Drinking enough water is essential to feeling energized and not overeating. It’s also one of the easiest habits to implement. And many health authorities recommend drinking eight, 8-oz glasses of water per day. 

Skip the soda, energy or sports drinks, cocktails, and other sweet drinks that usually contain a lot of added sugar and are usually high in calories. And because water contains no calories, drinking it instead of higher-calorie alternatives can reduce your overall liquid calorie intake. It is also especially important to encourage children to drink water, as it can help prevent them from becoming overweight or obese.

Drinking water may also help you reduce your appetite. When you realize you're hungry, the first thing you might do is to look for food. But you may not be even hungry at all. Thirst is often mistaken for hunger by the brain and it’s more likely that a glass of water is all your body wants. What's more, drinking water before a meal can promote satiation because it passes through the system quickly, stretching the stomach. In other words, drinking water before eating or with food may lead to a reduction of food consumed and thus lead to weight loss. Drinking water in the hour before eating a meal may allow time for your brain to receive signals of fullness leading to less appetite by the time you start eating.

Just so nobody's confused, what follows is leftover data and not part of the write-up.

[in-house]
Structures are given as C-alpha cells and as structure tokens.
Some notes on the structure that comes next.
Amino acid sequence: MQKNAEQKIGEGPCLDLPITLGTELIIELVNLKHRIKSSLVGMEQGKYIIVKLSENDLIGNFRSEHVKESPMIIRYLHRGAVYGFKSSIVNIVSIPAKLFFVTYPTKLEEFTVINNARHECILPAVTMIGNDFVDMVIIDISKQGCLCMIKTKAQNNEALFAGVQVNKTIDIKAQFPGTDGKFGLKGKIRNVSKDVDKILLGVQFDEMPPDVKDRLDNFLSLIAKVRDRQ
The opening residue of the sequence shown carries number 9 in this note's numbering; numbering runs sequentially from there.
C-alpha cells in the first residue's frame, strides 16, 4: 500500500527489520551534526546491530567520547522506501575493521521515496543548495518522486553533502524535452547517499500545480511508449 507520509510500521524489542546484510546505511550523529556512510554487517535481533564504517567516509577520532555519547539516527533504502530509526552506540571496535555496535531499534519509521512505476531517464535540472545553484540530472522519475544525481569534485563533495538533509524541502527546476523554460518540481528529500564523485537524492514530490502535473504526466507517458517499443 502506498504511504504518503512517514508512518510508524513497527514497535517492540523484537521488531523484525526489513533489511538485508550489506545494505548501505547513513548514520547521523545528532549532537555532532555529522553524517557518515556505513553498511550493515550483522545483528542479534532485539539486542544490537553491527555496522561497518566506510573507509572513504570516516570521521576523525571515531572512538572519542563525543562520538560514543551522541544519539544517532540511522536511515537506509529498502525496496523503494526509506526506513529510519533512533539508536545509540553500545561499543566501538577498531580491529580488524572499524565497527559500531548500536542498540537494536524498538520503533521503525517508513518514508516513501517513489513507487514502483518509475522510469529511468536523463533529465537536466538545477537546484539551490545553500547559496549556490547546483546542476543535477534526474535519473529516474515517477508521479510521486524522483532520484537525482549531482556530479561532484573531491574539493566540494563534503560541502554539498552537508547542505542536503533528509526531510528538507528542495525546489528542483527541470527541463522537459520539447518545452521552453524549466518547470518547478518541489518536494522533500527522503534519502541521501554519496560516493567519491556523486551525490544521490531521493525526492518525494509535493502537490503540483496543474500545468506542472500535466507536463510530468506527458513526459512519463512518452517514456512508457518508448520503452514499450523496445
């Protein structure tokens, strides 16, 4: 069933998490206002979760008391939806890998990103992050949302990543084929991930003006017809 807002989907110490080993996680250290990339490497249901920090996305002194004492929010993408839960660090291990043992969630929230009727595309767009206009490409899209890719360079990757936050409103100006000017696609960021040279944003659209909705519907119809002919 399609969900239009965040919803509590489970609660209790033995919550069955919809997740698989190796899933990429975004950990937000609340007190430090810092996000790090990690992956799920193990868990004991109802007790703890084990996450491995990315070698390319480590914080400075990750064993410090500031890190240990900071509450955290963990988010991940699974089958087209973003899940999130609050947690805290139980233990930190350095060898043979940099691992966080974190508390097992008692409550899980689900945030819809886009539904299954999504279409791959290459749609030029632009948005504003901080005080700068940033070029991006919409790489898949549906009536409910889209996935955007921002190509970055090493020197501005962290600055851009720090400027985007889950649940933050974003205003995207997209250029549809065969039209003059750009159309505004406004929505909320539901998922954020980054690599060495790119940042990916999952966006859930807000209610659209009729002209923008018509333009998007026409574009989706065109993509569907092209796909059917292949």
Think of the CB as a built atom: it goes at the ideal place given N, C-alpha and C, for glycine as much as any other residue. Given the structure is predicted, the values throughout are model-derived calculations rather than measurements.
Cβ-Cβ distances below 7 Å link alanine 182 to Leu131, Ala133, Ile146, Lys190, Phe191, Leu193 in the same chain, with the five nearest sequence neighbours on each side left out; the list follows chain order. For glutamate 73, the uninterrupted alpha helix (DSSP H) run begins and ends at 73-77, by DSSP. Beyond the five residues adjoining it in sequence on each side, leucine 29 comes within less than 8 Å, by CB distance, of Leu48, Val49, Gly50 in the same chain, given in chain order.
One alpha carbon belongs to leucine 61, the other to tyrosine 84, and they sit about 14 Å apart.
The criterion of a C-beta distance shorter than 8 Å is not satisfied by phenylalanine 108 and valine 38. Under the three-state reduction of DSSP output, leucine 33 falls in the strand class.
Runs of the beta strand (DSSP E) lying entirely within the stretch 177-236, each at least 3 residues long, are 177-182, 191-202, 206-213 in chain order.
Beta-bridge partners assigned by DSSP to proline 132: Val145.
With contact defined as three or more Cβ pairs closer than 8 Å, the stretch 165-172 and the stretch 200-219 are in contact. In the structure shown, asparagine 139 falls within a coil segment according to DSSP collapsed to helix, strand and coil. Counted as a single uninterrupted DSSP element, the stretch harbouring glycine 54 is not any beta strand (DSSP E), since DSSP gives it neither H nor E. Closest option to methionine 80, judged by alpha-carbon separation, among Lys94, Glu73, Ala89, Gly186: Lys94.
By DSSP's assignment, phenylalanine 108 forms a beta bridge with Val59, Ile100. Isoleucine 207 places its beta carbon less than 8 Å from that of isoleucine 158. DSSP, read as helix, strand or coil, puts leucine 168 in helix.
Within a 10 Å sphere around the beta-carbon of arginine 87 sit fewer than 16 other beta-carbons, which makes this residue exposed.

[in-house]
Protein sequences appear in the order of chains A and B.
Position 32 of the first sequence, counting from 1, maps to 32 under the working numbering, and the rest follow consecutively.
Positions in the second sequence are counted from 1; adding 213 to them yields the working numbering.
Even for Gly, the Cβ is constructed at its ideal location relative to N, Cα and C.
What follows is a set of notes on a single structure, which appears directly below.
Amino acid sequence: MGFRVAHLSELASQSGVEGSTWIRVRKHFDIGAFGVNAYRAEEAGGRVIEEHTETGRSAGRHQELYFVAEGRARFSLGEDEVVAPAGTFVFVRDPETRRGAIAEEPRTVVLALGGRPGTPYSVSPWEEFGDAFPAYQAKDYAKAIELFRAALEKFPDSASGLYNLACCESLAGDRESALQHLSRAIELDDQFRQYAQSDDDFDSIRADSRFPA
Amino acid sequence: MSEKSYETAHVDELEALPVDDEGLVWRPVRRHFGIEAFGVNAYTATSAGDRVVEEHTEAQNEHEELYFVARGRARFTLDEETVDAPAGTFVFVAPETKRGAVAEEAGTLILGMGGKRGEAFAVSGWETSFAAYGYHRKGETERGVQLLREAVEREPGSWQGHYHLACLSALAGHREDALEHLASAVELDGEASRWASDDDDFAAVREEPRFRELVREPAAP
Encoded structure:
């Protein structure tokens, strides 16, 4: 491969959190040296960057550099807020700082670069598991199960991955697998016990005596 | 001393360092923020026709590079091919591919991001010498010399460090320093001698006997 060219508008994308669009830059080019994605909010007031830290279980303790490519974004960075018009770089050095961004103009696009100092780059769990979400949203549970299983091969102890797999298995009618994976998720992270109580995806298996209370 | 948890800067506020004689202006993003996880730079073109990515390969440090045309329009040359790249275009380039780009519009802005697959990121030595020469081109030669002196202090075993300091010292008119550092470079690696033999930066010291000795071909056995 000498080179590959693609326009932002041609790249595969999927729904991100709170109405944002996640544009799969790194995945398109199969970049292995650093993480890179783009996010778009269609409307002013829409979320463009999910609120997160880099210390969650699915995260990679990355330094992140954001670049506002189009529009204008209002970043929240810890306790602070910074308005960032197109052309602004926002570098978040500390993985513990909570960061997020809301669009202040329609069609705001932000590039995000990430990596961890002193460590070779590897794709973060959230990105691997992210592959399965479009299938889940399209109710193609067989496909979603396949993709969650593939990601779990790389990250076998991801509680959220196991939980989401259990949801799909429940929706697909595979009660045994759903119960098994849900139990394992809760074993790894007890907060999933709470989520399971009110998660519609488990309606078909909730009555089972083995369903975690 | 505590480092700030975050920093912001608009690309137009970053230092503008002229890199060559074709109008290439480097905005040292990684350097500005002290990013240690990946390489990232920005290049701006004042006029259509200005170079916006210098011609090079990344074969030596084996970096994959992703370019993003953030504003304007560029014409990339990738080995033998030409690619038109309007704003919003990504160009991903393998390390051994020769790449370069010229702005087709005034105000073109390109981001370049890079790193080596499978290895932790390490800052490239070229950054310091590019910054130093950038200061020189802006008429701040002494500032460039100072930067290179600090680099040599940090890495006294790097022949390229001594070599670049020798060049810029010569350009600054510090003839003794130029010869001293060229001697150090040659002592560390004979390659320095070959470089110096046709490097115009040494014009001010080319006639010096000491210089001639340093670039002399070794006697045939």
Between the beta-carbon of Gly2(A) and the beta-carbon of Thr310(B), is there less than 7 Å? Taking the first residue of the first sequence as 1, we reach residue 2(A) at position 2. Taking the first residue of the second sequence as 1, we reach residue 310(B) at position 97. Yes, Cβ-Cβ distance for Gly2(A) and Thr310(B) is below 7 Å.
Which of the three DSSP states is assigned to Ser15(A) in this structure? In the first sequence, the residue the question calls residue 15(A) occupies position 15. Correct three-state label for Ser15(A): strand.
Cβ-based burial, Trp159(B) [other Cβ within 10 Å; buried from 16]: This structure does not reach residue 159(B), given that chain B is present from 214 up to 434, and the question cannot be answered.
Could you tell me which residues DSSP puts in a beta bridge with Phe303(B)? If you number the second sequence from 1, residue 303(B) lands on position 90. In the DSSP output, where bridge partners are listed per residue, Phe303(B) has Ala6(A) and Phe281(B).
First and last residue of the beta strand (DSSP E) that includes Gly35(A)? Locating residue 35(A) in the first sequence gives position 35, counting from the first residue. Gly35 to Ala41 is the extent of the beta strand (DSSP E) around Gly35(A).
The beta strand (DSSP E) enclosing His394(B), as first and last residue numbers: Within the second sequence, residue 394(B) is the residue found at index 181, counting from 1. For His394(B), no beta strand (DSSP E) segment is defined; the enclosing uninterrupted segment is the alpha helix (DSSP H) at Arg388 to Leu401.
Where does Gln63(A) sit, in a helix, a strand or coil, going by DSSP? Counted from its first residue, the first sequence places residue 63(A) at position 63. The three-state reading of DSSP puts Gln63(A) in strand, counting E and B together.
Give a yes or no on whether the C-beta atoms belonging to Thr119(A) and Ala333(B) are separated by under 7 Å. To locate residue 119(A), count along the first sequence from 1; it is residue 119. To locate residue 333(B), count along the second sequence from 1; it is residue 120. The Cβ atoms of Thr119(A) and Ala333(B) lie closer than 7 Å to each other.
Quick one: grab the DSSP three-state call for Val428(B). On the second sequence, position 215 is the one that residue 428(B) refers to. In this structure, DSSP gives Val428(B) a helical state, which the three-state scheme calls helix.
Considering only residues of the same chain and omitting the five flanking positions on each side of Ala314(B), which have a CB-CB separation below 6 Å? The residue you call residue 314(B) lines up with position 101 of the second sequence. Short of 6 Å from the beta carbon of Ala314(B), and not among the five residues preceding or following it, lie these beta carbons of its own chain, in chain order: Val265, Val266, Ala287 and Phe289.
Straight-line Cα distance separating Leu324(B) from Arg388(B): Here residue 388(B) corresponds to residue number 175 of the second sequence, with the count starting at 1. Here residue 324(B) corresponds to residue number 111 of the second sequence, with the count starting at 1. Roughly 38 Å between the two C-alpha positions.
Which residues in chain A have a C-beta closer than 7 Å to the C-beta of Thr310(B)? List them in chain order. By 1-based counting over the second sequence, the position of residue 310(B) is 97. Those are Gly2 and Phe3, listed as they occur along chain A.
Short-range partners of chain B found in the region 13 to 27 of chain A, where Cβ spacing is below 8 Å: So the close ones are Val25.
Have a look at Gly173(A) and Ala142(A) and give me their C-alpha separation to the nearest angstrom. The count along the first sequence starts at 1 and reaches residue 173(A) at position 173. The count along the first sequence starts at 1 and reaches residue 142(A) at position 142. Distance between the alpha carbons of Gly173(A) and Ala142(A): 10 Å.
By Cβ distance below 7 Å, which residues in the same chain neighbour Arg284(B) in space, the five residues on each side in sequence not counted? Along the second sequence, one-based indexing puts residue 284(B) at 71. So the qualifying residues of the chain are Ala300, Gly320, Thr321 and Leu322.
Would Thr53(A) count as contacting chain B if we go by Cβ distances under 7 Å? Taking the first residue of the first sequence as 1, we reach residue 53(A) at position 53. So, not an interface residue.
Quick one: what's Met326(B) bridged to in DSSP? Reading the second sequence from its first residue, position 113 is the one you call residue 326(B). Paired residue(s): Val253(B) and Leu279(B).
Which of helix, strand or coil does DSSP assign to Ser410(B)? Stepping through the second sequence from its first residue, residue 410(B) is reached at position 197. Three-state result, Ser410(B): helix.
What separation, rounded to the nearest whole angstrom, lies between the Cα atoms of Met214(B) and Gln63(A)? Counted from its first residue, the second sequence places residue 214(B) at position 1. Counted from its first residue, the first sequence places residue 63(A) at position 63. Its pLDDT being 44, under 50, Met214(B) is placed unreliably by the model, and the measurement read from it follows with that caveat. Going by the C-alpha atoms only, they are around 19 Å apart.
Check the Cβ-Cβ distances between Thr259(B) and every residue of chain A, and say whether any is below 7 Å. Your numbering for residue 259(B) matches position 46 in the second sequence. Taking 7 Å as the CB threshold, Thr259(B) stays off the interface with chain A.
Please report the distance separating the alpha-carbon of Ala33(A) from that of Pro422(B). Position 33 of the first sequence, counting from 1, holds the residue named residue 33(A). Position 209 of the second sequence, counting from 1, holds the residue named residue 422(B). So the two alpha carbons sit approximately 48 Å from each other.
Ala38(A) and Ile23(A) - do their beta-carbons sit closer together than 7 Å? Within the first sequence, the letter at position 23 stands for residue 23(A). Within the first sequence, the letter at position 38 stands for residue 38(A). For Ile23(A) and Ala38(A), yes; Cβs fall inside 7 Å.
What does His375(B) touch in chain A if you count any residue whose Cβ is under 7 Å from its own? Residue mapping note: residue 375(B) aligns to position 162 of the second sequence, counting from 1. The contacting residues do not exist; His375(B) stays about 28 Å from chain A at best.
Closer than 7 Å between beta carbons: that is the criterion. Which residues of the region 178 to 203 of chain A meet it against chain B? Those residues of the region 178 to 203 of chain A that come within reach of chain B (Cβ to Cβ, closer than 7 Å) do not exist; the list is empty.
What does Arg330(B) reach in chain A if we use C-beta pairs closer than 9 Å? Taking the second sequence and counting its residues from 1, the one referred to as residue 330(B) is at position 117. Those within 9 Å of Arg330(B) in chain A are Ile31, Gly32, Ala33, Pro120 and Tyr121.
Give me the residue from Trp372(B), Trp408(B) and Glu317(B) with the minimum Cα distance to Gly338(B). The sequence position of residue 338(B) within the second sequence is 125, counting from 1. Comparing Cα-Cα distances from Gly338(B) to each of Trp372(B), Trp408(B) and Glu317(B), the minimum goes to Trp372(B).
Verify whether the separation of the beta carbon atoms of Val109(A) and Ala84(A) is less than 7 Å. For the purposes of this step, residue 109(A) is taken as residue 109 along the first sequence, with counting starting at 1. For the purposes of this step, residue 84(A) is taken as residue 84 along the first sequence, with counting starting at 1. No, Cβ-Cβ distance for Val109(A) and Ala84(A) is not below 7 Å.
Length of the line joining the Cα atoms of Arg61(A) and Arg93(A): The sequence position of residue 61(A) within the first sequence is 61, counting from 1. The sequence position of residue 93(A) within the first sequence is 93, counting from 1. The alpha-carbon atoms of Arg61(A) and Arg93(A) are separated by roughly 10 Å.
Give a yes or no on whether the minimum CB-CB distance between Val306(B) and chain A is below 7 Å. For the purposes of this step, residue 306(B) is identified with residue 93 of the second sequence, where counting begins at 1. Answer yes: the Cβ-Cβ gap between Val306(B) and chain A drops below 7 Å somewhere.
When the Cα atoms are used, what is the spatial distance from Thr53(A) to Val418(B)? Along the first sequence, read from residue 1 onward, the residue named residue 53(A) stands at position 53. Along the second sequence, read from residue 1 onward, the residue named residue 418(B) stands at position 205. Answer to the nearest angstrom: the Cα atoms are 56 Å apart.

Planning your own meals will allow you to see how much you’re actually eating. This also prevents you from overeating at restaurants, which tend to serve a way bigger portion than you should actually be eating. They also make sure you build up an appetite right before your meal to encourage you to eat more and maybe order dessert.

When we’re too busy to cook, the first thing we do is reach for the phone and order delivery. But caloric takeout coupled with an increase in sweets and alcohol during the holidays isn’t so good for your weight loss plan. Opt for a fast homecooked meal. Though it might come off as tedious, a home-cooked meal doesn’t have to be time-consuming. Have a few easy 15-minute recipes on hand just in case you need a fast meal. 

Meal planning makes sure you have a balanced meal at your fingertips, filled with nutrient-dense food prepped and ready to go. A lot of times unhealthy foods are chosen because of convenience. If we take time to plan our meals, a healthy balanced meal will always be easily available.

To lose weight, you must eat fewer calories than your body uses. But this doesn’t necessarily mean that you have to eat less food. You can create lower-calorie versions of some of your favorite dishes by substituting low-calorie fruits and vegetables in place of higher-calorie ingredients. The water and fiber in fruits and vegetables will add volume to your dishes, so you can eat the same amount of food with fewer calories and feel the same fulness afterward.

While it’s true that fruits and vegetables are lower in calories than many other foods, they still do contain some calories. If you simply start eating fruits and vegetables in addition to what you usually eat, you’re just adding calories and may gain more weight instead of losing it. The key is substitution. Eat fruits and vegetables instead of some other higher-calorie food.